FERGUSON, THE ZINE

David Butow is raising cash on Kickstarter to fund the printing of a zine of his images made in Ferguson over the past 3 months. The images have been made, the edit done and the sequencing finalised. I’ve seen a PDF of Ferguson and it is a zine that is taut and emotional. It is also quite different from other projects I’ve seen coming out of Ferguson. Many of the scenes framed by Butow have multiple vignettes playing out in them all at once. They’re considered and crafted images. It’s both a photographers’ photography project and a statement relevant to all. It works as art and as political marker. It is relevant to documentarians and also, I think, will stand up to the test of time. Butow travelled to Ferguson twice — once after Michael Brown’s death and once after the grand jury decision not to indict Darren Wilson. As well as 34 photographs, Ferguson also includes raw interview transcripts used in the grand jury deliberations. One offers a nuanced view of the neighborhood where the shooting took place and of Michael Brown himself. “The work goes beyond the violence to offer an intimate and emotional portrait of the community’s reaction – from conflict to prayer – and puts the meaning of what occurred in Ferguson in historical context,” says Butow. 1

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FUNDRAISING, KICKSTARTING

Please consider backing this timely, no-nonsense, self-starting publication. Printed in California, using recycled paper and inks. 64 pages, 34 original B&W photographs. 8.5″ x 11″

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I was astounded when a press release (copied below) hit my inbox. Currently, private prison corporations have no legal requirement to provide the same types and amount of information that the public and journalists can demand of state and federal prisons!

A new law looks to correct this disparity.

Last week, U.S. Representative Sheila Jackson Lee (D-TX) reintroduced the Private Prison Information Act (PPIA) in Congress. The bill, HR 5838, requires non-federal correctional and detention facilities that house federal prisoners to comply with the Freedom of Information Act (FOIA).

The Human Rights Defense Center made the following press release last week:

Private Prison Information Act Reintroduced in Congress, to Ensure Public Accountability at Privately-Operated Prisons

Currently, private companies such as Corrections Corporation of America (CCA) and the GEO Group are not required to comply with FOIA requests even when they operate facilities that hold federal prisoners through contracts with federal agencies, and are paid with public taxpayer funds. This includes privately-operated facilities that house immigration detainees.

Alex Friedmann, associate director of the Human Rights Defense Center, and Christopher Petrella, a doctoral student at UC Berkeley, have worked closely with Rep. Jackson Lee’s staff over the past two years to reintroduce the PPIA during the 113th Congress.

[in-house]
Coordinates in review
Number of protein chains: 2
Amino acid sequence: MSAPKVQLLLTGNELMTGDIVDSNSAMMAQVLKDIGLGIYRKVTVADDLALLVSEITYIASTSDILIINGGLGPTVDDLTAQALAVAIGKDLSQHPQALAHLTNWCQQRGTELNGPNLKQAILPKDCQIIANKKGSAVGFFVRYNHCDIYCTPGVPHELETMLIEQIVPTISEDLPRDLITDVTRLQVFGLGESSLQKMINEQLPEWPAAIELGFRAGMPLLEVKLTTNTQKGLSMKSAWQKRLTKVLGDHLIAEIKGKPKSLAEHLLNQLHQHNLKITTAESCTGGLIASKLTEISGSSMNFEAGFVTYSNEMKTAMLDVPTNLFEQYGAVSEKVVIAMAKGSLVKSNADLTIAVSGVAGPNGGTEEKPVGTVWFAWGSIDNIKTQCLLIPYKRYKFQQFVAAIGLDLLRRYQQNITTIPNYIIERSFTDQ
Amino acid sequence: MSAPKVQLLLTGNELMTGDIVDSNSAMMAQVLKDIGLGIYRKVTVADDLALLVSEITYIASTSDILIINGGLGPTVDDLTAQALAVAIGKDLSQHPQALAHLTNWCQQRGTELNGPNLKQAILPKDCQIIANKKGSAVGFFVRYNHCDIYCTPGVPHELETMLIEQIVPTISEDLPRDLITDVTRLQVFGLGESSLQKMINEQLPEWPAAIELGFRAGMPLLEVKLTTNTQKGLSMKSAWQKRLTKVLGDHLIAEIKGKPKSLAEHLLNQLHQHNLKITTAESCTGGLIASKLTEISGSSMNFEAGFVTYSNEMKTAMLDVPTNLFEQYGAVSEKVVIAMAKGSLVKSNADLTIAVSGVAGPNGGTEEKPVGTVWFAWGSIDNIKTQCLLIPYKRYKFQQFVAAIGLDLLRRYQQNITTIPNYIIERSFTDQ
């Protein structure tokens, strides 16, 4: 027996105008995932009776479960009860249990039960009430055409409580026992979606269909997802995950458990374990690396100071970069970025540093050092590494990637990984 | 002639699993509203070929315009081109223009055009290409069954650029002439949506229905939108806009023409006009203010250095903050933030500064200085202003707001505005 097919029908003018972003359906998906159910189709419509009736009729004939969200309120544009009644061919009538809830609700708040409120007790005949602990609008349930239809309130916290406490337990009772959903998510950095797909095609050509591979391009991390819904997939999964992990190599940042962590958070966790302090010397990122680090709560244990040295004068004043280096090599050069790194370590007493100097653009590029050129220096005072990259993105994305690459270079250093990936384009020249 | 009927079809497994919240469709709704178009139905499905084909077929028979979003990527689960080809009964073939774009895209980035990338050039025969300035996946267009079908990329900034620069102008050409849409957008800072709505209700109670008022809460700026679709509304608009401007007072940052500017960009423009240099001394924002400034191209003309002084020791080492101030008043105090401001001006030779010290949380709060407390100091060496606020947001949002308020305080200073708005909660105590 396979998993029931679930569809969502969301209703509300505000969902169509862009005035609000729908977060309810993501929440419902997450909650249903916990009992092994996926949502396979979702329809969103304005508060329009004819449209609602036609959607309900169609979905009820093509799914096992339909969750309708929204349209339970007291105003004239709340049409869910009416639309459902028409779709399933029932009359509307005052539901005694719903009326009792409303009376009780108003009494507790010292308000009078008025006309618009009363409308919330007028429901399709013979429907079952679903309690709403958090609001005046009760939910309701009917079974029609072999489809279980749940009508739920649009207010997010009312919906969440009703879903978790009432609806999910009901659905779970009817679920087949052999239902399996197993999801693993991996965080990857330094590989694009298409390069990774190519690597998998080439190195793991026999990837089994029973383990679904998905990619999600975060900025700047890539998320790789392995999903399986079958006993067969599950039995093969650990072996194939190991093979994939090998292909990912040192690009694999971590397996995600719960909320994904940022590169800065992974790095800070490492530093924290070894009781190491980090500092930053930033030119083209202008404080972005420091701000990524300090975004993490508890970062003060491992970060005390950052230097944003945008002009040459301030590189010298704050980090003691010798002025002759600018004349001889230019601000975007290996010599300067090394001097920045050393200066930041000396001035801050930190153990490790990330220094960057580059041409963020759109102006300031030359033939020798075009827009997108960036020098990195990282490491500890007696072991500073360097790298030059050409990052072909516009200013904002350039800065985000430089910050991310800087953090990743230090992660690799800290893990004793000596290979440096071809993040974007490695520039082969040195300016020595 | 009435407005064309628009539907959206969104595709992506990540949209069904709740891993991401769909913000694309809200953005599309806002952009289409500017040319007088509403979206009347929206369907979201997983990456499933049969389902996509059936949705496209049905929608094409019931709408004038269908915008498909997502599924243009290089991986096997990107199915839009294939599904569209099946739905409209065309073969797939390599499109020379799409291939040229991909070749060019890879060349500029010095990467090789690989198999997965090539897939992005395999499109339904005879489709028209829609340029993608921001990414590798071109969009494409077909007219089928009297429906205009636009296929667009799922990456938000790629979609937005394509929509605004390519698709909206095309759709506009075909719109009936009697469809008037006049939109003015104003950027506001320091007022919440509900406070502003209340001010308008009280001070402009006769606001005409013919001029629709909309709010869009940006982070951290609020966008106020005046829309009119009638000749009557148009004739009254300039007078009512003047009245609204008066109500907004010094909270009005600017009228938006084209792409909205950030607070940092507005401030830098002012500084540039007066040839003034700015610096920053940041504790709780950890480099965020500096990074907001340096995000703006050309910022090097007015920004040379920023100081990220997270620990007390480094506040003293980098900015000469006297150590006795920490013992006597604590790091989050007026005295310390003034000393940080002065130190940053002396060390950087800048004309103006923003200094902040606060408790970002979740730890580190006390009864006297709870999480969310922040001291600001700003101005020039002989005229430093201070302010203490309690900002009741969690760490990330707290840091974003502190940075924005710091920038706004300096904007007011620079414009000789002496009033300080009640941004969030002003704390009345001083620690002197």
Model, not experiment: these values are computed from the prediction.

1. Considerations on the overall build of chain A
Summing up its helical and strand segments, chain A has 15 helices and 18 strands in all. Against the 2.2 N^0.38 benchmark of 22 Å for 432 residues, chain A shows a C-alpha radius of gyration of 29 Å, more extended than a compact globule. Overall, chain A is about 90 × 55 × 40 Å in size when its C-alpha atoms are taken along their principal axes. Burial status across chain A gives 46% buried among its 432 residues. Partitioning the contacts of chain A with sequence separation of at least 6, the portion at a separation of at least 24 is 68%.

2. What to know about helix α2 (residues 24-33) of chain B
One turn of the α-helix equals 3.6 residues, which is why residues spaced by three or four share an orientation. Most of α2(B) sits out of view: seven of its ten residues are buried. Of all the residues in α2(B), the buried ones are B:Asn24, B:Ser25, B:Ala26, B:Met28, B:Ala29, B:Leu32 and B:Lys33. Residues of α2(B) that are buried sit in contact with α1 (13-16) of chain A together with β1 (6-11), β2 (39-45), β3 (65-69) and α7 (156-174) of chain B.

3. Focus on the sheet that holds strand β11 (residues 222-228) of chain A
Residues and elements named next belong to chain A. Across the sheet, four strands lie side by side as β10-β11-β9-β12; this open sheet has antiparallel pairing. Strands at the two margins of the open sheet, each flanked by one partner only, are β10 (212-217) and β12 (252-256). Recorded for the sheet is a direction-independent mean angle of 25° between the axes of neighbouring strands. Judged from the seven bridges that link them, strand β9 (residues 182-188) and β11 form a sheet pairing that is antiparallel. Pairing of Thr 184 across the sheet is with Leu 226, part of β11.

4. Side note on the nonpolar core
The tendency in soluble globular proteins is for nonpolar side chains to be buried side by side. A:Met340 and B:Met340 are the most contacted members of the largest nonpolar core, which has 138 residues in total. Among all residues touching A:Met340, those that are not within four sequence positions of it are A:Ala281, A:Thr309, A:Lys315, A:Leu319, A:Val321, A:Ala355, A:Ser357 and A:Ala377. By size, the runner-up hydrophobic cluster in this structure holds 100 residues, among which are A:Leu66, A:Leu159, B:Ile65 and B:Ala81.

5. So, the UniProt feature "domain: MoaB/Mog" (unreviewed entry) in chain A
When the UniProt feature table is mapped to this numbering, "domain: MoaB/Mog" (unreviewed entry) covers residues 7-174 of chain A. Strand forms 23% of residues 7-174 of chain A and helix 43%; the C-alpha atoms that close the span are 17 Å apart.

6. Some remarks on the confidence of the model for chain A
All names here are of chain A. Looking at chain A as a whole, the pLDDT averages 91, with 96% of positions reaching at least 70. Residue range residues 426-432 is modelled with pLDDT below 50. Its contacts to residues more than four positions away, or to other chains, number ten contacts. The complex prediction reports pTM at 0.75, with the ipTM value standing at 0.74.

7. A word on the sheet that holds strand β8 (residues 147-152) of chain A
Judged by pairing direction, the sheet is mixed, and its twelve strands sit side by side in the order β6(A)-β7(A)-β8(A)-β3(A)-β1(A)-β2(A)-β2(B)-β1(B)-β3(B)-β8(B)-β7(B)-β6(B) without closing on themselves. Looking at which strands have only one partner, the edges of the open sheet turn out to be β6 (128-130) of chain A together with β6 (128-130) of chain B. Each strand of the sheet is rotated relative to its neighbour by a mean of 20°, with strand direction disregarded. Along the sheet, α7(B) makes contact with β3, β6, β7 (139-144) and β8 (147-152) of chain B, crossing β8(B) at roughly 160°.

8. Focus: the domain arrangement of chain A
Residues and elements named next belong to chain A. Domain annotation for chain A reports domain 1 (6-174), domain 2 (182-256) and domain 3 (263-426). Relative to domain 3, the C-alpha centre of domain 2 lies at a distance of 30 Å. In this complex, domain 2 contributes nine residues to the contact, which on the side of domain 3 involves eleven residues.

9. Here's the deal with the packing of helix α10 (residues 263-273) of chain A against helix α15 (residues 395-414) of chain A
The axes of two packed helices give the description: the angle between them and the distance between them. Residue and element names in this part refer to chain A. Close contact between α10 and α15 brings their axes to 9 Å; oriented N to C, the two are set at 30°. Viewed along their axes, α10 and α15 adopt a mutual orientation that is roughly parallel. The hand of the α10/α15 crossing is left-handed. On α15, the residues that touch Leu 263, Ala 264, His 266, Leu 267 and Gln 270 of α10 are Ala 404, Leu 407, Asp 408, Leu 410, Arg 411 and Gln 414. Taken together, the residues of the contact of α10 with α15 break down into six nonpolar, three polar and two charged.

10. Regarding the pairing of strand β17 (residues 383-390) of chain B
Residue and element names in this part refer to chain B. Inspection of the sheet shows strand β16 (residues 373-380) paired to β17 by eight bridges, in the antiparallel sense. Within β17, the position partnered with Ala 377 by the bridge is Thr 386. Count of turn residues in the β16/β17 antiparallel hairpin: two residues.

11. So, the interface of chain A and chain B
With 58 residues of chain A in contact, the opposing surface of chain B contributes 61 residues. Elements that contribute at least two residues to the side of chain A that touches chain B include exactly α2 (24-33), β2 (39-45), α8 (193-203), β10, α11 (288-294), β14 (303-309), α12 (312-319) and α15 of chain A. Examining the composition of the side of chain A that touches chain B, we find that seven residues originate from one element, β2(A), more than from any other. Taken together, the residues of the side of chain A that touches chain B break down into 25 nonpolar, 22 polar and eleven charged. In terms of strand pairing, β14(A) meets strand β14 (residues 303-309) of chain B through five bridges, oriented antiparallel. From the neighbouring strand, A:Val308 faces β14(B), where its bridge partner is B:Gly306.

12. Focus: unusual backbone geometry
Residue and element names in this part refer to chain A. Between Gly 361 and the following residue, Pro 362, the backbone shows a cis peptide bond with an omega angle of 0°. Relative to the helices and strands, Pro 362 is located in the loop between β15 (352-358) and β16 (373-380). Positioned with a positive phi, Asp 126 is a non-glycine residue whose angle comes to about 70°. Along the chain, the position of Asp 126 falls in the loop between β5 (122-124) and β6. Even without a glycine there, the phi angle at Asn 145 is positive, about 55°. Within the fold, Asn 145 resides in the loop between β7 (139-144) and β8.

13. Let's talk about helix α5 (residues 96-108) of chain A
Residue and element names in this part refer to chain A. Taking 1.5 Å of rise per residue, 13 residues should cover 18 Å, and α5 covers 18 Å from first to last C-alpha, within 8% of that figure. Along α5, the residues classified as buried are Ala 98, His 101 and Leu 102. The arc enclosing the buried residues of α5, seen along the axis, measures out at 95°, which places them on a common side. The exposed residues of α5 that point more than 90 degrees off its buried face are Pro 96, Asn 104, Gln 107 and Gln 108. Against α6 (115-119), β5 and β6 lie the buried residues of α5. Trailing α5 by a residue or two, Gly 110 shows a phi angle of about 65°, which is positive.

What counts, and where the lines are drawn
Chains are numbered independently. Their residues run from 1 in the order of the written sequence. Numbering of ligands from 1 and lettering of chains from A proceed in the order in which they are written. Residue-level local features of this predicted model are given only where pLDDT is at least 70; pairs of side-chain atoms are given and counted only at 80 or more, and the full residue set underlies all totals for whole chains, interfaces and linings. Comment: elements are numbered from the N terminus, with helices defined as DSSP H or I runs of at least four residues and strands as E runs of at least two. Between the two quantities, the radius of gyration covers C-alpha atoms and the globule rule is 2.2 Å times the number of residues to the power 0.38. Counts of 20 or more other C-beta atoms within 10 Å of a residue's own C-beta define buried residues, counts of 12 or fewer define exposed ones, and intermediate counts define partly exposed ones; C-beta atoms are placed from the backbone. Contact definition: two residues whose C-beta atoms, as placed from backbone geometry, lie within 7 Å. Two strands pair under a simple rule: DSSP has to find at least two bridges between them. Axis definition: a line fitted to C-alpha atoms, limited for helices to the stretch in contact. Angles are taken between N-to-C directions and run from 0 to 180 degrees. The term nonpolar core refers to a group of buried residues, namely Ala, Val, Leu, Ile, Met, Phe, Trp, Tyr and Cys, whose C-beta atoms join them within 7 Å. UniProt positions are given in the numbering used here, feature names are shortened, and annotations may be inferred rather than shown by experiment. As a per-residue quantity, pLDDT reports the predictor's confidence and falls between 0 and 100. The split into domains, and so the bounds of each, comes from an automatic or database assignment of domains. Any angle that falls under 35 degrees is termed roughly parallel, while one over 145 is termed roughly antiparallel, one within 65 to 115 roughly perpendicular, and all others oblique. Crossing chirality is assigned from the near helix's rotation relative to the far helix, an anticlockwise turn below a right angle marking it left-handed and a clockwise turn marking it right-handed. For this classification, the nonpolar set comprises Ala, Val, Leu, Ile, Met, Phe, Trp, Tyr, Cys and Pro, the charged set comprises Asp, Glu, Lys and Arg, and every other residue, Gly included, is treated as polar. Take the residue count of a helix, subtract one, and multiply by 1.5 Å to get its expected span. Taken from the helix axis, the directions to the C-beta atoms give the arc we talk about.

Various versions of the PPIA have been introduced since 2005; however, private prison firms and their supporters have lobbied against the bills. For example, CCA’s federal lobbying disclosure statements have specifically referenced lobbying related to the PPIA.

Friedmann and Petrella argue that because private prison corporations rely almost entirely on taxpayer funds, and perform the inherently governmental function of incarceration, the public has a right to obtain information pertaining to private prison operations. In short, the government should not be able to contract away the public’s right to know through FOIA requests.

Friedmann testified before the House Subcommittee on Crime, Terrorism and Homeland Security in June 2008 in support of a previous version of the Private Prison Information Act.

A coalition of 34 criminal justice, civil rights and public interest organizations submitted a joint letter to Rep. Jackson Lee in December 2012, followed by a renewed letter on June 11, 2014, expressing support for the PPIA and encouraging her to reintroduce the bill.

The letter noted that “If private prison companies like CCA and GEO would like to continue to enjoy taxpayer-funded federal contracts, then they must be required to adhere to the same disclosure laws applicable to their public counterparts, including FOIA.”

The signatories to the joint letter included the Center for Constitutional Rights, Center for Media Justice, Ella Baker Center for Human Rights, Florida Justice Institute, Grassroots Leadership, Enlace, In the Public Interest, National CURE and FedCURE, Justice Policy Institute, Justice Strategies, Prison Policy Initiative, Private Corrections Institute, Southern Center for Human Rights, The Sentencing Project, Southern Poverty Law Center and Texas Civil Rights Project. The NAACP has also voiced support for the PPIA.

“This bill is about public accountability – to ensure that for-profit prison corporations, which assume the role of the government when incarcerating federal prisoners, must comply with the same Freedom of Information Act obligations as federal agencies such as the Bureau of Prisons,” said Friedmann. “That is only fair and reasonable, but private prison companies will most likely object to the bill, as they favor secrecy over fairness.”

“The introduction of the Private Prison Information Act constitutes just the first step in bringing transparency and accountability to an industry that’s funded almost entirely by your and my tax dollars,” Petrella added. “We’ll continue to work tirelessly until this bill is brought to fruition.”

For more information:

Visit the Private Prison Information Act website.

Alex Friedmann
Associate Director, Human Rights Defense Center
(615) 495-6568
afriedmann@prisonlegalnews.org

Christopher Petrella
(860) 341-1684
christopherfrancispetrella@gmail.com

Pigs' Disco by Stuart Griffiths

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Stuart Griffiths was a kid when he went to Northern Ireland, in 1988, as a fresh recruit of the British Army. His first Christmas as an adult was spent on base. He dropped a tab of acid.